Sickle Cell Disease for the Correctional Nurse
Sickle Cell Disease is a genetic condition in which the protein that carries oxygen in the blood is misshapen. The result of this sickle-shaped hemoglobin is less oxygen to parts of the body, red blood cells getting “stuck” and occluding certain vascular areas, and red blood cells that die earlier than their normal counterparts.
While there is no specific information documenting the number of individuals in the correctional systems that suffer from Sickle Cell Disease, throughout the world Sickle Cell Disease affects millions of people. It is particularly common among those whose ancestors came from sub-Saharan Africa; Spanish-speaking regions in the Western Hemisphere (South America, the Caribbean, and Central America); Saudi Arabia; India; and Mediterranean countries such as Turkey, Greece, and Italy. In the United States, the Centers for Disease Control and Prevention estimate that approximately 100,000 Americans are affected by Sickle Cell Disease; that it occurs in 1 out of every 365 Black or African-American birth, and in 1 out of every 16,300 Hispanic-American births; and approximately 1 out of 13 Black or African-American babies is born with Sickle Cell Trait. Sickle Cell Disease occurs more often in areas of the world where malaria was (or still is) common, and research has indicated that having the sickle cell trait is protective towards the individual having the severe form of malaria.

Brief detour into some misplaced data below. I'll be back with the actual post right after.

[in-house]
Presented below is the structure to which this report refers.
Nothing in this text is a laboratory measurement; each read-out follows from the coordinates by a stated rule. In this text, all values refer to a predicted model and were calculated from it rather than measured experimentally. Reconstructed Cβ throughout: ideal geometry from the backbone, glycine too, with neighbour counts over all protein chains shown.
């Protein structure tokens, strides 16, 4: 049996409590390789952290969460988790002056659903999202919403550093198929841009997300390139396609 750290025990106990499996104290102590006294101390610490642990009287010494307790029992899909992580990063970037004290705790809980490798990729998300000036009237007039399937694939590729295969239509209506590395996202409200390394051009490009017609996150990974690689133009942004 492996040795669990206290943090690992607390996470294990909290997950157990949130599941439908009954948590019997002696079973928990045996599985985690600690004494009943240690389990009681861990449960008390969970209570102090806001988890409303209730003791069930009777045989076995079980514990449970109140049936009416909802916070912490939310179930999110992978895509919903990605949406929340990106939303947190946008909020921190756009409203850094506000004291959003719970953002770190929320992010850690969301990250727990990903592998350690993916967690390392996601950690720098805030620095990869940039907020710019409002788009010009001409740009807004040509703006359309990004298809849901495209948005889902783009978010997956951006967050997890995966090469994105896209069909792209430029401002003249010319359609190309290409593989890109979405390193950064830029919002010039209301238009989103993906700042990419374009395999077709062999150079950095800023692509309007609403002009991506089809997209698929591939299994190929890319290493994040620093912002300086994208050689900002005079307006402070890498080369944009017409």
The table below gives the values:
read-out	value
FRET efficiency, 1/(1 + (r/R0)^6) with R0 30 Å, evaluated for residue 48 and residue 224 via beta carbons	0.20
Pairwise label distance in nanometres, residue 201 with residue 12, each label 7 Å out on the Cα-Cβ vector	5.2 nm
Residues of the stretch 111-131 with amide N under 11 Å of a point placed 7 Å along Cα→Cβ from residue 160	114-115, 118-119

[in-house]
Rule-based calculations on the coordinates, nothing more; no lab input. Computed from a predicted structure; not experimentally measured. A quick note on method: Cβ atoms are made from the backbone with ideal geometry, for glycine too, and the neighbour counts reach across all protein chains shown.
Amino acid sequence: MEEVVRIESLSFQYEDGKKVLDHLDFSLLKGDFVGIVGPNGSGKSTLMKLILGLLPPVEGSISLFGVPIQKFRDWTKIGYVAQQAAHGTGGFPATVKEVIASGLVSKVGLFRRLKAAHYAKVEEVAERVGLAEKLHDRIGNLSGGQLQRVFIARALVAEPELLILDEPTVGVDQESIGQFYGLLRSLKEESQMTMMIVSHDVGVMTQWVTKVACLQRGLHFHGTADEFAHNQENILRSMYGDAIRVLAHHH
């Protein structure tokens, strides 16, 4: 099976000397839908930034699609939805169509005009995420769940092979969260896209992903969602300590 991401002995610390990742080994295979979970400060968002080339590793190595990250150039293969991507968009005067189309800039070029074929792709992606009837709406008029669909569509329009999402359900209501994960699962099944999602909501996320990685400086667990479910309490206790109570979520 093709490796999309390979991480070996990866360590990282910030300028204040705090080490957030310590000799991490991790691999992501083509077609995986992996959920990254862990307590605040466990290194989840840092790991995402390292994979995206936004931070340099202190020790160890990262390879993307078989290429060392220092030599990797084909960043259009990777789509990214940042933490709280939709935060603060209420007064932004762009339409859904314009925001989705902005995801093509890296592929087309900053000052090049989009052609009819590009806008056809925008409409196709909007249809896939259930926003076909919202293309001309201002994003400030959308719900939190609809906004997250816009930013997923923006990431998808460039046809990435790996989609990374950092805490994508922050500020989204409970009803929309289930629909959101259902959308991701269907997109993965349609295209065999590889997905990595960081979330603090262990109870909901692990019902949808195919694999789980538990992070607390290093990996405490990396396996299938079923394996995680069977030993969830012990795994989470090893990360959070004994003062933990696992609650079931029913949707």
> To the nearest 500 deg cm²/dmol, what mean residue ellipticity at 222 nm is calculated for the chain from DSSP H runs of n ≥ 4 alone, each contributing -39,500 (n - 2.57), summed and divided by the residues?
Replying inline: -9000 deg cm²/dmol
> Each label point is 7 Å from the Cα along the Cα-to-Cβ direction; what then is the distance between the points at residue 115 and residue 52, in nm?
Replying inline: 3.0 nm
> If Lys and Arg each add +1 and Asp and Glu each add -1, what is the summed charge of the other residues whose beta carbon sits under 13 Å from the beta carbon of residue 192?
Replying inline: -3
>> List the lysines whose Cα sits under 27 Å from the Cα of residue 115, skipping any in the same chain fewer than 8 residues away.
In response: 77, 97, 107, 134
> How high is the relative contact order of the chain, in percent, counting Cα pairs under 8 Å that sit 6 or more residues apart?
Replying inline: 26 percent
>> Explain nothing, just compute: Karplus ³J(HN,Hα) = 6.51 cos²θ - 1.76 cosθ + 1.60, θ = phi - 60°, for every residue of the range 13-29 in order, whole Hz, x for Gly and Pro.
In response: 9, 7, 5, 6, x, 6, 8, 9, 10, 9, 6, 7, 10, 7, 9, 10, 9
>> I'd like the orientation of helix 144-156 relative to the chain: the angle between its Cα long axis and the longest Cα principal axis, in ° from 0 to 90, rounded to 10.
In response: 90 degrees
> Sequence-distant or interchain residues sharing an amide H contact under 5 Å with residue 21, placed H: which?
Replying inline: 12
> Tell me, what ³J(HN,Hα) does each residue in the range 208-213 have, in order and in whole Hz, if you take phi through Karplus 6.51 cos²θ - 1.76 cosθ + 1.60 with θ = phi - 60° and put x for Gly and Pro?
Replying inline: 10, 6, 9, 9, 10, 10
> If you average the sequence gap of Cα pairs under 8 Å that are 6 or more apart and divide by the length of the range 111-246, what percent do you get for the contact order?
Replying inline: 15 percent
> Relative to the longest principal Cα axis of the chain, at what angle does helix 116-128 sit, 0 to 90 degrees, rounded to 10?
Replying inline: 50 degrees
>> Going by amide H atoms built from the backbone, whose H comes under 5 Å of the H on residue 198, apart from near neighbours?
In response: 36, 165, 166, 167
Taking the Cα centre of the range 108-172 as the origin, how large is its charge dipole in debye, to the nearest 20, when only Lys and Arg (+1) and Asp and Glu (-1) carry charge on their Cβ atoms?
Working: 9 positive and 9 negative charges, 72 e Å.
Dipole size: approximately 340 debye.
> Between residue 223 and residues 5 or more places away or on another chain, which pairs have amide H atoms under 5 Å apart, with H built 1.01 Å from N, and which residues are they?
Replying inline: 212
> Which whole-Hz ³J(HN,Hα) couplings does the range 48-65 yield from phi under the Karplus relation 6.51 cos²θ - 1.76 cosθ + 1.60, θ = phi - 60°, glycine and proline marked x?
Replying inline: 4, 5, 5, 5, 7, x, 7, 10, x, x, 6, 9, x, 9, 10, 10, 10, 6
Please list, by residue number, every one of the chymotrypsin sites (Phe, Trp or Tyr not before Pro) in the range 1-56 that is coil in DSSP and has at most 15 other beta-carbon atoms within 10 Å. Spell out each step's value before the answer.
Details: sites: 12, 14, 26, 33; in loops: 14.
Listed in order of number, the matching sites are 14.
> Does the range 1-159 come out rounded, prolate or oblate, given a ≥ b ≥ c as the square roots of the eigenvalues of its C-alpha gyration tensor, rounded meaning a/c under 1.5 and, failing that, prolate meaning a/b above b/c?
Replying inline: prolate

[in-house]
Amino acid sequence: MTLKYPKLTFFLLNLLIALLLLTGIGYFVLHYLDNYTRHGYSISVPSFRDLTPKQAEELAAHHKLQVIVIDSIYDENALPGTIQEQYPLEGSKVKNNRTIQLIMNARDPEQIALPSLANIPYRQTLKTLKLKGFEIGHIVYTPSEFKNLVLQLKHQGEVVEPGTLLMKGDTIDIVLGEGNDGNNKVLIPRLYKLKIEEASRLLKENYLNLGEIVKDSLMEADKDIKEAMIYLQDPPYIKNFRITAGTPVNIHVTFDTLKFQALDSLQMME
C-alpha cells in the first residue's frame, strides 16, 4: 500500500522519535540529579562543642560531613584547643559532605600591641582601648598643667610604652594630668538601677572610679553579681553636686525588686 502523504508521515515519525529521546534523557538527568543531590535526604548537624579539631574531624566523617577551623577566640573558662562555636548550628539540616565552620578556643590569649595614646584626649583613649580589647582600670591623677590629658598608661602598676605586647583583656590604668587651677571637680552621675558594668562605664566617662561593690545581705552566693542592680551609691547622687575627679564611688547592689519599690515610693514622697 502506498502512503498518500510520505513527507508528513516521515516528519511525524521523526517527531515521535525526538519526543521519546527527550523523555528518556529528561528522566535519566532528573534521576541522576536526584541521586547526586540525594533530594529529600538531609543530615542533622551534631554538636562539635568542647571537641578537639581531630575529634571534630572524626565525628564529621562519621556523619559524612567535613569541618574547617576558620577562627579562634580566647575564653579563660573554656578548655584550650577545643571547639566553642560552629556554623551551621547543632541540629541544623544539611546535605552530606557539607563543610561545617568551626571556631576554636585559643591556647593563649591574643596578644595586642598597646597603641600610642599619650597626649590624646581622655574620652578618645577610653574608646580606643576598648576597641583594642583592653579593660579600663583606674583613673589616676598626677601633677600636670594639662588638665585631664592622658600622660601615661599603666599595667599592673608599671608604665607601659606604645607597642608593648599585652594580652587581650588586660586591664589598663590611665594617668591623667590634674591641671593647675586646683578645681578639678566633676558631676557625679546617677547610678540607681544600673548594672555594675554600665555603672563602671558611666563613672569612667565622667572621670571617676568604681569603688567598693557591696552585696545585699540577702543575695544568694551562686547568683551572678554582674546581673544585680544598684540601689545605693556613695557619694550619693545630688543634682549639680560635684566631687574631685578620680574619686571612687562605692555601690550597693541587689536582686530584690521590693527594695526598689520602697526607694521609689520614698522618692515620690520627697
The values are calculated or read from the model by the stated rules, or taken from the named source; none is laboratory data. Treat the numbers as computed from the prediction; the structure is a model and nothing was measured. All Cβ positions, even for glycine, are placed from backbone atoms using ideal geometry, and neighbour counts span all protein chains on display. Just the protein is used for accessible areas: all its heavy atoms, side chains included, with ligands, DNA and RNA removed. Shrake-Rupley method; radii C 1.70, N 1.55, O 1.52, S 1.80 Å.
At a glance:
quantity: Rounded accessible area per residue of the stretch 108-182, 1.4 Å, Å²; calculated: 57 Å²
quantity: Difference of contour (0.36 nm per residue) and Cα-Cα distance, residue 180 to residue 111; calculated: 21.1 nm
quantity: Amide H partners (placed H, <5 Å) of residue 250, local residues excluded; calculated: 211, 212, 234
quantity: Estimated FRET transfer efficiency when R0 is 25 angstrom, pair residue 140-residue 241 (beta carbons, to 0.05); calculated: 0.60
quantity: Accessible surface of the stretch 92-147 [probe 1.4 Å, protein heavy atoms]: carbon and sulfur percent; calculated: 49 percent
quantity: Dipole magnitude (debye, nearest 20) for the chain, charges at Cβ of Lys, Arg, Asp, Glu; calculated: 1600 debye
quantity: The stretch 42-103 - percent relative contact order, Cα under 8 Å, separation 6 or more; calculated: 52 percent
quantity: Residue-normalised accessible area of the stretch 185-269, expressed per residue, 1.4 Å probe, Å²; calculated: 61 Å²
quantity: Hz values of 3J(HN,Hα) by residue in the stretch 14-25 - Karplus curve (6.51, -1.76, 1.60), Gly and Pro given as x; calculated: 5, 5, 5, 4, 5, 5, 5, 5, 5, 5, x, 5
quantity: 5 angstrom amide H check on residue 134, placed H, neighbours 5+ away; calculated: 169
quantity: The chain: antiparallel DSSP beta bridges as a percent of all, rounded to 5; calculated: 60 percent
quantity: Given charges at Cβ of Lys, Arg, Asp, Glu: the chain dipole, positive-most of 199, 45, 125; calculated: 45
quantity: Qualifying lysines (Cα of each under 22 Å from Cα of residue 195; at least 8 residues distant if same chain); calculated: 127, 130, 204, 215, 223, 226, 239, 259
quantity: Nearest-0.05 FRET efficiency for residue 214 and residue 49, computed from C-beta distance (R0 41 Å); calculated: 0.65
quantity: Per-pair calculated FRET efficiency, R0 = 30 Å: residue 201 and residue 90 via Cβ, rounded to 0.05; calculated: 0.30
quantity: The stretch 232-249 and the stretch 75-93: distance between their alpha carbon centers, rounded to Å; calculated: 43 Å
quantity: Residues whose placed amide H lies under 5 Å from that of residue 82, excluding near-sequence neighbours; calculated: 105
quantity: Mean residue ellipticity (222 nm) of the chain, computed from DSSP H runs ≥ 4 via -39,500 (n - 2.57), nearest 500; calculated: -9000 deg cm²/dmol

The National Commission on Correctional Health Care has determined that Sickle Cell Disease is one of the chronic illnesses for which guidelines must be implemented and followed in both the jail and prison settings.
In this class, the pathophysiology of Sickle Cell Disease will be reviewed. Complications from this disease will be discussed, including common treatments. Finally, education for the patient with Sickle Cell Disease will be reviewed.